Governor Larry Hogan and Agriculture Secretary Joe Bartenfelder today toured the Murphy family’s Double Trouble Farm – the first Maryland poultry operation to install cutting-edge technology that converts poultry litter to energy. The Maryland Department of Agriculture awarded a $970,000 animal waste technology grant to Biomass Heating Solutions, Inc (BHSL) for the manure-to-energy project and an additional $139,000 to monitor its operation for one year.
“We are excited and proud that Maryland farmers are finding alternative uses for manure to address environmental issues while improving the farm’s bottom line,” said Governor Hogan. “Projects like this can help to improve water quality, increase energy independence, improve animal waste management, and ensure sustainability of animal agriculture in Maryland.”
Maryland’s Animal Waste Technology Fund is a grant program that provides seed funding to companies that demonstrate innovative technologies to manage or repurpose manure resources. These technologies generate energy from animal manure, reduce on-farm waste streams, and repurpose manure by creating marketable fertilizer and other products and by-products. To date, the program has approved $3.7 million in grants to six projects.
“Biomass Heating Solutions, Inc, with the support of Mountaire, has adapted innovative manure management technology to benefit the poultry industry and the Murphy family’s farm. The system utilizes poultry litter as a feedstock by converting it to energy to heat the farm’s chicken houses and generate electricity,” said Secretary Bartenfelder. “A great deal of credit goes to the Murphy family for taking the time and risk involved in being the test case for a promising new way of doing business.”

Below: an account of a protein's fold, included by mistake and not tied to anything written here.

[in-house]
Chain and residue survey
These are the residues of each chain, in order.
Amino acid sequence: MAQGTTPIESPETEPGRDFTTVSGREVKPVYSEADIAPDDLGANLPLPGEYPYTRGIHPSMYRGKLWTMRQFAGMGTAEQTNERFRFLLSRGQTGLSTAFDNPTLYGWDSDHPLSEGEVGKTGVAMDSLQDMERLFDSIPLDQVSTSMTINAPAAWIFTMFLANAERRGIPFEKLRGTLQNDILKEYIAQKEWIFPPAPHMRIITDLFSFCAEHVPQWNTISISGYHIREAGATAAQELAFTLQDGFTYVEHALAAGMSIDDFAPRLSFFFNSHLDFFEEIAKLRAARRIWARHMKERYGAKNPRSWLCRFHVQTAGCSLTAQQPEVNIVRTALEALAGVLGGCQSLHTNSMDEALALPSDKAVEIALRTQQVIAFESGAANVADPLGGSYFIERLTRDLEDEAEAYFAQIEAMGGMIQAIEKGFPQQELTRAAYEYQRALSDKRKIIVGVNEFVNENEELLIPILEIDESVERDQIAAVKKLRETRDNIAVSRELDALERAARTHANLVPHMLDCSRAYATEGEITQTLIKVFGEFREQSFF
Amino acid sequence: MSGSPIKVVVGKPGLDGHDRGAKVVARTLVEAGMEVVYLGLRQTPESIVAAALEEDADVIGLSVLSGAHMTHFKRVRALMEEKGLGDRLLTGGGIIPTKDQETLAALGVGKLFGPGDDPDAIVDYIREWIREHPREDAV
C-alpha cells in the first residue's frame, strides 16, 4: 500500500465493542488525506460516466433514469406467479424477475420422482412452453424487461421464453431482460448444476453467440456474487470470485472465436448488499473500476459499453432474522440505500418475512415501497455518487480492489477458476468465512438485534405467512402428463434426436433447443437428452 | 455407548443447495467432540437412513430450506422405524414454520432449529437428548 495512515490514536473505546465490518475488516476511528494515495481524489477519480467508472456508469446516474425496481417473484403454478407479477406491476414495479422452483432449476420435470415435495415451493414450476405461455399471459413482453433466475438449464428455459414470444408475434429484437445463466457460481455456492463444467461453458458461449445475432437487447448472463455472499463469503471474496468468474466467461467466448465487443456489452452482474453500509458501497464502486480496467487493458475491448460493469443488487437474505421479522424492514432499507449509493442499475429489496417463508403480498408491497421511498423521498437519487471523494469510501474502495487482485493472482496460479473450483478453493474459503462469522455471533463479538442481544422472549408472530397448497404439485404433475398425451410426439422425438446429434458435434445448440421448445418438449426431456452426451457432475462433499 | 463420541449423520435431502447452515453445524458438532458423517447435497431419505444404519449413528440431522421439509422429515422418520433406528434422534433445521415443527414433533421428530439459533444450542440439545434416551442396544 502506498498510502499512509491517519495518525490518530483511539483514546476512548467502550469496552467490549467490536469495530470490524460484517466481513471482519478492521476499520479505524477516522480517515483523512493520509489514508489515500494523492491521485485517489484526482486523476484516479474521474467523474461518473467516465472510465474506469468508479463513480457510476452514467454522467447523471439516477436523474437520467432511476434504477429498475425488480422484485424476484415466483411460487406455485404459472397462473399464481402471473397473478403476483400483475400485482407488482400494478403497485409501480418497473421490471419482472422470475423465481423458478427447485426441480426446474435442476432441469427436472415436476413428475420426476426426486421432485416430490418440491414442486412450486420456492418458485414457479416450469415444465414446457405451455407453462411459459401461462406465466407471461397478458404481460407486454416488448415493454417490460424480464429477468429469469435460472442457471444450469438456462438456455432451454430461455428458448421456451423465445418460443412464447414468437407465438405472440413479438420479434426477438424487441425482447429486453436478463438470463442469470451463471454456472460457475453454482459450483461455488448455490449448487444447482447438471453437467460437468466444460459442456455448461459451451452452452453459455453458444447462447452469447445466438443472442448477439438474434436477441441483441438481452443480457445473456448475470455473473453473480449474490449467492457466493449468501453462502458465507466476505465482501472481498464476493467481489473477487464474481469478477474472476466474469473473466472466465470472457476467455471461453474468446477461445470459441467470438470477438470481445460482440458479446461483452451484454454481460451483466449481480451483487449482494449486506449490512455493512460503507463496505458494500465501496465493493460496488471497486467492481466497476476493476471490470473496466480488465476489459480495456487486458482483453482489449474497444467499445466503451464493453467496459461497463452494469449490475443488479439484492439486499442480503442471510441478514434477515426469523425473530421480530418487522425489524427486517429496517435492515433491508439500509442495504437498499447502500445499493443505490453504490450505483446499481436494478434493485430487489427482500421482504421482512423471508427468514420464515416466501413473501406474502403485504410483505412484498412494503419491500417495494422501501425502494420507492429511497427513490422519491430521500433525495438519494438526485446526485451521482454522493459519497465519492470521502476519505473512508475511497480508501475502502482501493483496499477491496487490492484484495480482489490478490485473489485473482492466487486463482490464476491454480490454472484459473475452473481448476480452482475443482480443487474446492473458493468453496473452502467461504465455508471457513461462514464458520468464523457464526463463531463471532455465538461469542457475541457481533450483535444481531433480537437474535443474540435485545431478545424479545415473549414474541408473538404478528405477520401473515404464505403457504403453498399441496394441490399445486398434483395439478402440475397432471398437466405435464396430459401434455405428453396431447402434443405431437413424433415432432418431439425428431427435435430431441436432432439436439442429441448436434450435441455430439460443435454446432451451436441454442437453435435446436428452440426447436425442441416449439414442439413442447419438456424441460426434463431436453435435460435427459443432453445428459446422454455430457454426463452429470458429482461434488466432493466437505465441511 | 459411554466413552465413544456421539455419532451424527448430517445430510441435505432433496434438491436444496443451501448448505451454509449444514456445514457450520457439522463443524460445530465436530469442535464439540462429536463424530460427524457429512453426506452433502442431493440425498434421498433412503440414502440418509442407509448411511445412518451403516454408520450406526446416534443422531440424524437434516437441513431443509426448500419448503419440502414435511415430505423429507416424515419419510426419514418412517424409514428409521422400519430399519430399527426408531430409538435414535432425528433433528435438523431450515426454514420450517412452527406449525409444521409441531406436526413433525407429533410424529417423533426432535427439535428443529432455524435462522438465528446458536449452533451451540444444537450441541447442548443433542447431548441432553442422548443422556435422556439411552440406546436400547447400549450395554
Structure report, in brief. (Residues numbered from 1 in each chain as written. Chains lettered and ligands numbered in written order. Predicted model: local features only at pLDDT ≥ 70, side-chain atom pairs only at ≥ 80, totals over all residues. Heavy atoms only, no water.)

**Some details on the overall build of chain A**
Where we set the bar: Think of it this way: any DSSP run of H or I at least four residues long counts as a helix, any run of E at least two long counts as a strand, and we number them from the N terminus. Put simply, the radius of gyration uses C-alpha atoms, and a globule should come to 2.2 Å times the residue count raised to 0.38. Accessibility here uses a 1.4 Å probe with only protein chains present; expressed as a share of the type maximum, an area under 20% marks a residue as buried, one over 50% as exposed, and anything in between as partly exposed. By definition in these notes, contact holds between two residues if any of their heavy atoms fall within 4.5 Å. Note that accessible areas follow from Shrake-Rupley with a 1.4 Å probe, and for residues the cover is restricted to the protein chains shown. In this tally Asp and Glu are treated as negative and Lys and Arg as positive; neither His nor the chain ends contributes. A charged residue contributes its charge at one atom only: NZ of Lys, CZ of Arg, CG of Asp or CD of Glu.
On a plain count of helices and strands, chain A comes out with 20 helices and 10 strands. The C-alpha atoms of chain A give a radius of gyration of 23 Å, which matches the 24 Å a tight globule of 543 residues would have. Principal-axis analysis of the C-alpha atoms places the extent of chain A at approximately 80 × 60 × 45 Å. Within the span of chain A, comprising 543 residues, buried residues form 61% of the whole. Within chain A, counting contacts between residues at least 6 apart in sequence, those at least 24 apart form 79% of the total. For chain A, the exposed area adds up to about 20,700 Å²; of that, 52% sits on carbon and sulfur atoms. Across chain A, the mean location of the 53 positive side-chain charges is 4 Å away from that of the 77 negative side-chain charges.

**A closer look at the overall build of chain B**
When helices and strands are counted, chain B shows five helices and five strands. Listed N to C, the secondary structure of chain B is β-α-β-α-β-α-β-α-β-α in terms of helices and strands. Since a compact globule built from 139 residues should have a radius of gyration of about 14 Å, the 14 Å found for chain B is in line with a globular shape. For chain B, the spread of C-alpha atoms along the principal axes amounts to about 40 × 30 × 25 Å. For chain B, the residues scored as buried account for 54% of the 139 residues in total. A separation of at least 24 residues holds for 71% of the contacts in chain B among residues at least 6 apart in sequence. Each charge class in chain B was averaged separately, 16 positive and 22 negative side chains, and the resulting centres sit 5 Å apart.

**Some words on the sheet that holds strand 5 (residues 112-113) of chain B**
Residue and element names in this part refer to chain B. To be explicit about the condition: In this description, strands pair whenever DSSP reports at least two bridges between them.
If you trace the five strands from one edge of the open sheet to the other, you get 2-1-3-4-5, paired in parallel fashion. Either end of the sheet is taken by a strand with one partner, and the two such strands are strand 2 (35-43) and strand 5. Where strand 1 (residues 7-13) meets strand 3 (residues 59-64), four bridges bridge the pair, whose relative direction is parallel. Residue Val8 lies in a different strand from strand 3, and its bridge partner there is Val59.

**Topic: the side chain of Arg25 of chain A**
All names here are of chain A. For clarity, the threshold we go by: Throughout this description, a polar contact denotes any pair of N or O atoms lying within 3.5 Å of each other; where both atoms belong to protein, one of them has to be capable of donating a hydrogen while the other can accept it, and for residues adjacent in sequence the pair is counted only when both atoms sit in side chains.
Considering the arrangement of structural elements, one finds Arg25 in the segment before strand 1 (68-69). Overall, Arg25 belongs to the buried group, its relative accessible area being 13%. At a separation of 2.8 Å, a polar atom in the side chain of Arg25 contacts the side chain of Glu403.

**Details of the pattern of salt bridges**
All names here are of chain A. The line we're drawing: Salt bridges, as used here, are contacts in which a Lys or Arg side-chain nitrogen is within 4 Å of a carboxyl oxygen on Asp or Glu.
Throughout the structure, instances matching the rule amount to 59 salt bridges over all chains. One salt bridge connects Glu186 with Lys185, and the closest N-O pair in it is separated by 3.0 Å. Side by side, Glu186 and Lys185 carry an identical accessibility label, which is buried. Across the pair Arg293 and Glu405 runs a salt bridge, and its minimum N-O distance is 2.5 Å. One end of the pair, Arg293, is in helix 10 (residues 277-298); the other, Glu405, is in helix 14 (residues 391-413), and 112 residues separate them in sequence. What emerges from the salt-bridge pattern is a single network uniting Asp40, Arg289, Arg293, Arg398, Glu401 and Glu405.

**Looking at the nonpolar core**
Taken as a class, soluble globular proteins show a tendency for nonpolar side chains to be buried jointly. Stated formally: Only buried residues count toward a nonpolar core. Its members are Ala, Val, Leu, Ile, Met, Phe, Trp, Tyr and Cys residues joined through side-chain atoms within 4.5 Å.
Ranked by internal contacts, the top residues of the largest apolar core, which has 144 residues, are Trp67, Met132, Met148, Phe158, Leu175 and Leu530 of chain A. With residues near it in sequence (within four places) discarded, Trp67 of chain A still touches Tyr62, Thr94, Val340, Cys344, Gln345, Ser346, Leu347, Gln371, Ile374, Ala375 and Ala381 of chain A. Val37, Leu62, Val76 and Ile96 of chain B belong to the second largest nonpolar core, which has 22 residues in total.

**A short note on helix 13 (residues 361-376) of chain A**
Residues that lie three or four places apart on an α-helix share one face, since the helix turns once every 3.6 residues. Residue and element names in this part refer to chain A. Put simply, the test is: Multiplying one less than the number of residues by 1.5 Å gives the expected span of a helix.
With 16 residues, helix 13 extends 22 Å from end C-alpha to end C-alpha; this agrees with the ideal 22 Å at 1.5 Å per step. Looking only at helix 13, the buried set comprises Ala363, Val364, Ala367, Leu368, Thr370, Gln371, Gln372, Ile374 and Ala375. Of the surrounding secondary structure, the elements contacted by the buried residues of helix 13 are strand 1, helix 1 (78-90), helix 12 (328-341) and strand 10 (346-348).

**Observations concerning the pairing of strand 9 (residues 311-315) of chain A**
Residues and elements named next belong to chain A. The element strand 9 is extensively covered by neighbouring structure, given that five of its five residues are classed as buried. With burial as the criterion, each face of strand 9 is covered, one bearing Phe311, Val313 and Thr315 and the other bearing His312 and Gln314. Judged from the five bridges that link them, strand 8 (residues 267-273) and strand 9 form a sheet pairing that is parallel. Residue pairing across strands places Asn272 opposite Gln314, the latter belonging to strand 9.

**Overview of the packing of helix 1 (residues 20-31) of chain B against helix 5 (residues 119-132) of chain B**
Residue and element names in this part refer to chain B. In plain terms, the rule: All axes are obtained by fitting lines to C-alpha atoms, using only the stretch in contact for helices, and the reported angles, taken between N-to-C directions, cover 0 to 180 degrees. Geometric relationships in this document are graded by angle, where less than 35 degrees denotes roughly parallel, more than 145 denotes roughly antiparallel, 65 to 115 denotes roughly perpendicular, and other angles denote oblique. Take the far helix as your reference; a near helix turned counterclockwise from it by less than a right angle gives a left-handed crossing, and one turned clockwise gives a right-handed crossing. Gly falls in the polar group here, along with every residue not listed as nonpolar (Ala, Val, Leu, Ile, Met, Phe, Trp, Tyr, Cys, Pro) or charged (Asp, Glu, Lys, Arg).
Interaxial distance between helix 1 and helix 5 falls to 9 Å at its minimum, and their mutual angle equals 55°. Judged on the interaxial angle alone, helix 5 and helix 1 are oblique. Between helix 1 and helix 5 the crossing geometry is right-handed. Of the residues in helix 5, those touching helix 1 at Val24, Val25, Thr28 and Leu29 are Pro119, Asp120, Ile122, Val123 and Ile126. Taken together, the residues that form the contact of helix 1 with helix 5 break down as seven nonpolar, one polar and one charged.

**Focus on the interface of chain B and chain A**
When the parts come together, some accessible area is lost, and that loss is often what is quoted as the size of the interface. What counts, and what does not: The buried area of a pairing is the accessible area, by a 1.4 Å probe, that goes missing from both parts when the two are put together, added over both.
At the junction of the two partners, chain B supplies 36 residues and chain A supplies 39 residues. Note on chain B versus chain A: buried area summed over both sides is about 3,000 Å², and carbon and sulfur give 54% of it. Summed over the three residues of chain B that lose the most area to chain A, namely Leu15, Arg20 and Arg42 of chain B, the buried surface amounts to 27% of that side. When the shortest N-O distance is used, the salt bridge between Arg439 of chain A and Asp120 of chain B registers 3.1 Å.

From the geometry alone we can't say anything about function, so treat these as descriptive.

This project has the following benefits:
- Reduced environmental impact: A reduction in the potential environmental impact of manure resources
- Lower energy costs: A reduction in energy costs through using heat from the manure as a source for heating poultry houses
- Improved animal welfare: Improved animal welfare, with improved health and reduced risk of diseases
- Improved performance: Faster growth – poultry reaching target weight more quickly
- Additional revenue: Potential expansion of revenue streams – earnings from the sale of excess electricity and a fertilizer by-product
“I am excited that a unique piece of technology designed in Ireland is going to transform US poultry production and play a crucial role in reducing the environmental impact of the industry on the Chesapeake Bay,” Biomass Heating Solutions, Inc. Chairman Denis Brosnan. “I hope this pilot project is the start of a broader initiative to turn poultry manure from a potential pollutant into a valuable source of energy.”
Biomass Heating Solutions, Inc. will use electricity generating technology (fluidized bed combustion) to process poultry litter into energy for heating two of four poultry houses during the demonstration period. The system is projected to generate 526 megawatts of electricity per year. Adding heat to poultry houses has been proven at other sites to improve the flock growth rate and overall bird health. These benefits will enhance potential profit margins, reduce payback period for the technology, and improve the likelihood of transferability to other poultry operations. The Murphys are working with BHSL to explore markets for the high-phosphorus ash by-product including Maryland fertilizer companies. As a result of energy production and marketing the ash, 90 percent of nutrients in the poultry litter produced by 14 poultry houses will have alternative uses.
“Mountaire is excited about the potential that new alternative use technologies for litter bring to the poultry industry,” said Mountaire Director of Housing and Feed Milling Bill Massey. “We will continue to work with the Murphys, MDA and BHSL on this manure to energy project. Our company and our industry continue to look for solutions to be good environmental stewards.”
The Murphy’s farm was featured on Maryland Public Television’s Maryland Farm & Harvest on January 24, 2017. Learn more about the project by watching online at http://video.mpt.tv/video/2365938537 (segment starts at minute 2:25).